A Review of Numpy Cookbook by Ivan Idris

Python has become popular in many scientific fields and one of the features that has justifiably made Python a good choice for scientific computing is the availability of the high quality Numpy library and the associated library Scipy.

Since Numpy comes with a 300+ page reference manual, I was wondering how much a cookbook would add. Quite a bit, it seems.

Traditional programming cookbooks offer recipes in the form of common tasks that are explained. Like their traditional counterparts, once we’ve learned a recipe, we can then elaborate and modify the recipe to suit our own needs and tastes. Numpy Cookbook succeeds as a cookbook, but falls somewhere between a tutorial and cookbook.

As a tutorial introduction to Numpy, it is very good. It gives a good overview of many of the things Numpy is capable of. The examples all follow a standard format which consists of a title, a short description, a “how to do it” section and a “how it works” section. Some recipes will also have a “getting ready” section which is useful when all the libraries may not have been installed.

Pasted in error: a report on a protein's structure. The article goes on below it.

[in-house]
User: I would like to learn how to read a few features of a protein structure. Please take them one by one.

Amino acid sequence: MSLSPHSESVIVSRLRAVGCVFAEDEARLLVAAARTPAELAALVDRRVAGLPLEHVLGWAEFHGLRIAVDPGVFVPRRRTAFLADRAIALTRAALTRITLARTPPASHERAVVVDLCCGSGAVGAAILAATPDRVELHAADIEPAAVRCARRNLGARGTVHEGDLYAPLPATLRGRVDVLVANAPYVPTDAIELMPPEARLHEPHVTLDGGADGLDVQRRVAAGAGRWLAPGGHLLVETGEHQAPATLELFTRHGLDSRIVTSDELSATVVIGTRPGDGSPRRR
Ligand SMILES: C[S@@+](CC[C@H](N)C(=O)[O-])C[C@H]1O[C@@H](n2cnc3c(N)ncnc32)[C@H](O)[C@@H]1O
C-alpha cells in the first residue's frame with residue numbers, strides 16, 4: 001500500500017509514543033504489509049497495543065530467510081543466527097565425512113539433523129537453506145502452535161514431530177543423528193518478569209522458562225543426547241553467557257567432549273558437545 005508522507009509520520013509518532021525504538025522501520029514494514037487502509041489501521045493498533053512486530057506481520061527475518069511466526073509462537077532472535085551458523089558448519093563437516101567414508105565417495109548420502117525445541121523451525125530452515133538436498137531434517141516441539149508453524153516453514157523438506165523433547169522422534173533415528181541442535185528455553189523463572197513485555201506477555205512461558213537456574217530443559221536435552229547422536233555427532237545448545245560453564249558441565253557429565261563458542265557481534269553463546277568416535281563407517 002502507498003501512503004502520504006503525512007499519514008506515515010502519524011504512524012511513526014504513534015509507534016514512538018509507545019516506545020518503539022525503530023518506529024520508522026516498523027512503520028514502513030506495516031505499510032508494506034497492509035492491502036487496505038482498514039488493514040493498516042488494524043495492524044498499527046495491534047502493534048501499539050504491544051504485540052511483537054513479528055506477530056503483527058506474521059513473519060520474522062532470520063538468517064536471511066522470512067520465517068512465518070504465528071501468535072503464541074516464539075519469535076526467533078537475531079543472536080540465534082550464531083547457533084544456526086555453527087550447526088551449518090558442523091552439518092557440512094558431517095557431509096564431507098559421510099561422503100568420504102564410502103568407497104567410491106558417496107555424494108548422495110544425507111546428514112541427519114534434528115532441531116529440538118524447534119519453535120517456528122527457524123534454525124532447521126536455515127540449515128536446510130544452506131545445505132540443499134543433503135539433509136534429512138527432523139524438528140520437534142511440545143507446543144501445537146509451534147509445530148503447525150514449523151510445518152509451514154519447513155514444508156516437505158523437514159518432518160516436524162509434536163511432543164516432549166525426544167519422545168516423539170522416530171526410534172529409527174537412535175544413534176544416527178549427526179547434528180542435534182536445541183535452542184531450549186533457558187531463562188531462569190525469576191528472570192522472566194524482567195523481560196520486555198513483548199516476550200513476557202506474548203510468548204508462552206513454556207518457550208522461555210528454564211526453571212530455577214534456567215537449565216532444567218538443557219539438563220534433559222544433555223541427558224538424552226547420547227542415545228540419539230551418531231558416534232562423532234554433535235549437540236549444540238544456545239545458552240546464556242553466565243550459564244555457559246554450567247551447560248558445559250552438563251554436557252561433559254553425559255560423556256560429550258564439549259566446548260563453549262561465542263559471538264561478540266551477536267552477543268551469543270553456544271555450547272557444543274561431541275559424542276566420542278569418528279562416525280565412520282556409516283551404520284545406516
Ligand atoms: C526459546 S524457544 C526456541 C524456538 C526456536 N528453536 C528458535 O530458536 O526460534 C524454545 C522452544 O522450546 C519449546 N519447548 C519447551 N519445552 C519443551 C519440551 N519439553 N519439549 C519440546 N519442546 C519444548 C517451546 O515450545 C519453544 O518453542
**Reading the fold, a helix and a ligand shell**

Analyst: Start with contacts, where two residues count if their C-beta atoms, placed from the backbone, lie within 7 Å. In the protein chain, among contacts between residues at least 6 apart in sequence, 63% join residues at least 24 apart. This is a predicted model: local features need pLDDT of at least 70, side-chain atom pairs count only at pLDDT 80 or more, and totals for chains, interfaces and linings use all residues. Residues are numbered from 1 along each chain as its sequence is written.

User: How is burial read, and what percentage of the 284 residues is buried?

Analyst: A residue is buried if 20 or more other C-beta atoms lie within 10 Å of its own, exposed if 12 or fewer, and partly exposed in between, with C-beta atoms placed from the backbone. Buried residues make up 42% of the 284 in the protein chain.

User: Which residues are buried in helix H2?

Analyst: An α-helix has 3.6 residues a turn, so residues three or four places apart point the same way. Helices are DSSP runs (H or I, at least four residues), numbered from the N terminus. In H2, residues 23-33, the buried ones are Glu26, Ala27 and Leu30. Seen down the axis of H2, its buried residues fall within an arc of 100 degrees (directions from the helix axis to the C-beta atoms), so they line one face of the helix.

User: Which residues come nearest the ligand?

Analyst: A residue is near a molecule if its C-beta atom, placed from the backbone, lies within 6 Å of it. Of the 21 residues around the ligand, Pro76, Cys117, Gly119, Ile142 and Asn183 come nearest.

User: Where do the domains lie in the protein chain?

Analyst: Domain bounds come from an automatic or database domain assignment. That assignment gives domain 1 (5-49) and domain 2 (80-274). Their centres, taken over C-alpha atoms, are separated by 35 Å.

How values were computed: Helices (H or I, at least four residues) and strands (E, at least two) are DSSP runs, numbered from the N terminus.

There is a reasonable part of the text devoted to setting up an environment for running Python (not just Numpy). For example, installing and setting up iPython (an interactive shell), working with a web notebook (part of the iPython project) and installing Google App Engine and deploying NumPy code in the cloud.

While there is a good spread of examples, they do seem to be biased towards image and sound processing. It would also have been good to see some more basic recipes such as reading CSV data.

Overall, the book is quite well written and would suit someone who is just starting to learn NumPy, but who has a reasonable command of Python.

Numpy Cookbook is available from http://www.packtpub.com/numpy-for-python-cookbook/book

Full disclosure: I was given a free copy of the e-book for review.